New Brunswick officials are sounding a cautious note about opening the Atlantic bubble to the rest of Canada now that cases are spiking in Quebec, Ontario and some western provinces.
Premier Blaine Higgs and Chief Medical Officer of Health Jennifer Russell were both non-committal about a timetable for allowing visitors to enter New Brunswick without having to self-isolate for 14 days.
In a statement, Higgs said "a number of factors" are under consideration as the province contemplates when to open to the rest of Canada.
"We are waiting to see what impacts the opening of schools and universities in our own province might have, as well as any significant increase in cases in other provinces," he said.
Russell said in a statement border restrictions "have been part of our province's success in managing COVID-19, so any changes in that regard would need to be carefully and thoughtfully considered."
Ontario reported 520 new cases Tuesday, its highest number since May. Quebec had 471 cases Wednesday and its daily counts are now the highest since May.
In Edmundston, where people welcomed the extension of the bubble to the neighbouring Témiscouata regional municipality in early August, there was grudging acceptance when the border closed again last week.
"Citizens have expressed some concerns about it, [but] they believe it was the right decision," said Mayor Cyrille Simard.
"People do understand that there was a risk, that the decision was taken for good reasons. But at the same time, the minute that we see the situation is under control hopefully we can open up the bubble again."
Biologist advocates status quo
Biologist Malgorzata Gasperowicz of the University of Calgary, who supports a group of scientists pushing for more aggressive COVID-19 measures, says Atlantic Canada is a success story and it would be foolish to jeopardize it now.
"I wouldn't open at all, until there is a vaccine and until the rest of the world figures out how to eliminate the virus," she said. "You are safe. The problem for Atlantic Canada is the rest of the world.
"You can be as clean, as virus-free as possible, but if the virus is growing outside of your borders, it's difficult to fight all the sparks that are coming in."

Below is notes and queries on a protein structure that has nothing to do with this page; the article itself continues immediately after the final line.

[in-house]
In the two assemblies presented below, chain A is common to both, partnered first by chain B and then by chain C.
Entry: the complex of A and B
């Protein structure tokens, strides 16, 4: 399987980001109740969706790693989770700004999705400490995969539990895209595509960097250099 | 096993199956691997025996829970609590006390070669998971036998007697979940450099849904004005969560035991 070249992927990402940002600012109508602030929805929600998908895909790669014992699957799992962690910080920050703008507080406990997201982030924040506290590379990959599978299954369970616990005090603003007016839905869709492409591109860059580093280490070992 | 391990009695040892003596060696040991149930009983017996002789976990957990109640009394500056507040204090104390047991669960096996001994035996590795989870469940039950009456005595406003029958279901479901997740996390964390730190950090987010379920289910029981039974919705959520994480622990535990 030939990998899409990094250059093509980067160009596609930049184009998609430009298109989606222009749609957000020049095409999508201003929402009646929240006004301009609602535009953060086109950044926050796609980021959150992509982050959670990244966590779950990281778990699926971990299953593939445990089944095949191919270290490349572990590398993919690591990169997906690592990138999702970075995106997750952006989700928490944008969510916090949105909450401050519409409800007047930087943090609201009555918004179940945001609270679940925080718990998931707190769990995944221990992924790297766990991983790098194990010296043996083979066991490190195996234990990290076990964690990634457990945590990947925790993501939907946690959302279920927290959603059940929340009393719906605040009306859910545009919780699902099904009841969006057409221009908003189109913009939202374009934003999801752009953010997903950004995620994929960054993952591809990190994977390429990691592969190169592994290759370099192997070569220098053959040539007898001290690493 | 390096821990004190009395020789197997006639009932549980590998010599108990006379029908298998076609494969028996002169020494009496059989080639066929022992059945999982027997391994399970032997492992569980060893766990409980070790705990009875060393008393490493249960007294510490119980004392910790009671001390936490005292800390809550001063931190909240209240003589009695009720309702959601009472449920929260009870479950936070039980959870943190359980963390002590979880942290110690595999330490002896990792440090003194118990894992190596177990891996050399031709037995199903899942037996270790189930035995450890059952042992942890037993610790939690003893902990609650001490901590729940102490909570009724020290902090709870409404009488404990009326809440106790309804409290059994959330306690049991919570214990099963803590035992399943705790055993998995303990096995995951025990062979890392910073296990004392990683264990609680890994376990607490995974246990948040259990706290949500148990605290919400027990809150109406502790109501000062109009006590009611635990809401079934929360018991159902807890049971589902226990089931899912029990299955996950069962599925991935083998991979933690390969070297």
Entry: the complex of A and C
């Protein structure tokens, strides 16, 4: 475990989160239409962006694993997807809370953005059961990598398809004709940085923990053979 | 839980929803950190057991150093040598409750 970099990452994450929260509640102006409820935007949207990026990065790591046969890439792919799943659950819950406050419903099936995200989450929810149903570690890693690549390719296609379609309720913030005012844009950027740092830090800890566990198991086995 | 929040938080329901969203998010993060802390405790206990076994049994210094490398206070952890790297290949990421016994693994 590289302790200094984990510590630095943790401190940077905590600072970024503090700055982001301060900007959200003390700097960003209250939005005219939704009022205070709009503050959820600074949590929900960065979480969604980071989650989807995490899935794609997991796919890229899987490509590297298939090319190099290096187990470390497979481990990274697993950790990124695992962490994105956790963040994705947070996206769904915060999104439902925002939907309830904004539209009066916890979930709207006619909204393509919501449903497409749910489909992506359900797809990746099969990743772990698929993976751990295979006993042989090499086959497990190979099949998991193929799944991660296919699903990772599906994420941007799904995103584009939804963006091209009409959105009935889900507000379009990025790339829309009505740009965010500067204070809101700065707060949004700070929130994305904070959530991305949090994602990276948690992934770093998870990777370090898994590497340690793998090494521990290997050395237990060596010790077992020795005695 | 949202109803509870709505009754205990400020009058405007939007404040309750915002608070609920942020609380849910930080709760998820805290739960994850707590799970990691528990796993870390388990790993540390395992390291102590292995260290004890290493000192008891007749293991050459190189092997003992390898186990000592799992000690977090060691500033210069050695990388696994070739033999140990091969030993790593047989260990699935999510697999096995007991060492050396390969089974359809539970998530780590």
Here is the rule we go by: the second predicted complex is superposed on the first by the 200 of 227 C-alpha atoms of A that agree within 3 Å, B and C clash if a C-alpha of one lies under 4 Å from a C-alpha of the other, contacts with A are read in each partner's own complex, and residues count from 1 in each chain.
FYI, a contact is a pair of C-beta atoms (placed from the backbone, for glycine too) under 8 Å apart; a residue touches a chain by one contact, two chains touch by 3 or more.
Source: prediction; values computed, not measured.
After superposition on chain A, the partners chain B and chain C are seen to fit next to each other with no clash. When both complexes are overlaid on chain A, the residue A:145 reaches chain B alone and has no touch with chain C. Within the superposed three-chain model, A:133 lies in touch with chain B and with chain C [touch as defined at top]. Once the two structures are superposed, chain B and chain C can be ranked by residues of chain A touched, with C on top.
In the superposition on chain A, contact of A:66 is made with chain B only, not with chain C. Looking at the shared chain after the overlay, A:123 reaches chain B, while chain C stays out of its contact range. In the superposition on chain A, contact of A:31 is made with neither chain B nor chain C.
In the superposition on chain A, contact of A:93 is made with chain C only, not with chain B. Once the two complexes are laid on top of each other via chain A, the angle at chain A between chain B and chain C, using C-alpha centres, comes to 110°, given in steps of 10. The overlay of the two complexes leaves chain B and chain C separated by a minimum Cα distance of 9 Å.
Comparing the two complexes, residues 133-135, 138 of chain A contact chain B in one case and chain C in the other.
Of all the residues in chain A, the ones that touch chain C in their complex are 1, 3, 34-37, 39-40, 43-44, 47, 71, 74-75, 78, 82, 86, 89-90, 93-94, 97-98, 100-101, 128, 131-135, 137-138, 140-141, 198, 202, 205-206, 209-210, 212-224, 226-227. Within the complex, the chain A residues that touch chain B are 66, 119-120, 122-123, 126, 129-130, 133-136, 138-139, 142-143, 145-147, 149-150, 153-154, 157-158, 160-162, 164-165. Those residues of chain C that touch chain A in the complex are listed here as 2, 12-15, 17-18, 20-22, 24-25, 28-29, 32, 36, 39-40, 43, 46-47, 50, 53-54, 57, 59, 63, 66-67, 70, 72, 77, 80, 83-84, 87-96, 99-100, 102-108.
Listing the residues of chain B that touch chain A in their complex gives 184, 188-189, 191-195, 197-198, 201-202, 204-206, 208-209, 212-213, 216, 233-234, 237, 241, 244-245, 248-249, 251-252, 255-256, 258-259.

The bubble restricts non-essential travel into the region while allowing residents of the four provinces to move around Atlantic Canada without having to self-isolate.
In August, Narrative Research reported that 77 per cent of Atlantic Canadians surveyed were mostly or completely opposed to reopening the regional bubble to outsiders, and 90 per cent of New Brunswickers said they were satisfied with the bubble.
Gasperowicz says border controls have contributed to low case numbers in the region, so low that they amount to the "elimination" of the virus here.
That term hasn't been used by Public Health officials in New Brunswick.
Gasperowicz is not an infectious-disease expert but studies cell behaviour. She attributes the concept of "elimination" to the group End Coronavirus, which supports lockdowns and border controls to stamp out the disease quickly.
It defines "elimination" as no new cases of community transmission, the quarantining of any new travel-related cases and no open borders with high-case areas.
There have been only seven new cases in New Brunswick in the last four weeks, all of them described as travel-related and all involving patients who were isolating.
"Elimination means no sustained community transmission in a specific region or country … which I think totally applies to the Atlantic bubble," Gasperowicz says.
In her emailed statement Wednesday, Russell did not directly respond to a request for a comment on the term.
"New Brunswick is certainly proud of its success in managing the global COVID-19 pandemic," she said. "However, there is still much to be done."
She urged New Brunswickers to continue washing their hands, maintaining distancing and wearing masks where distancing isn't possible.
In July, Nova Scotia Premier Stephen McNeil said he was getting close to opening to the rest of Canada by ending the 14-day mandatory quarantine period for visitors.
"We can't stay closed forever," he said.
But this week he endorsed comments by the province's chief medical officer that the Atlantic bubble should remain closed to outsiders for now.
"I want you to look around the country and other provinces — their numbers are spiking again and in some cases, they're even worse than before," McNeil said. "This is a worry. If we don't believe there is a second wave coming, look outside of the Atlantic bubble."
New Brunswick allows out-of-province workers to come home from the rest of Canada without self-isolating. Non-residents visiting family and friends can enter but must self-isolate.
Nova Scotia also allows visitors to arrive as long as they self-isolate.
New Brunswick opened its borders to two adjacent regions of Quebec in August but closed them to one of them, Témiscouata, last week when cases began increasing.
On Wednesday the province announced that New Brunswickers who own cottages in the area would be allowed to travel there to close their cottages without having to self-isolate when they return.
New Brunswickers must register first, and they can only travel once for a 24-hour visit between now and Sept. 30. A second trip will require a 14-day self-isolation upon return.
Gasperowicz says the adoption of Atlantic-style border controls elsewhere would help curb the spread of the coronavirus there, too.
"We are very lucky in Canada that we have these big distances with one international border. I think it could be applied," she said.
"It's possible to go to zero. It's possible to control traffic and watch for imported cases."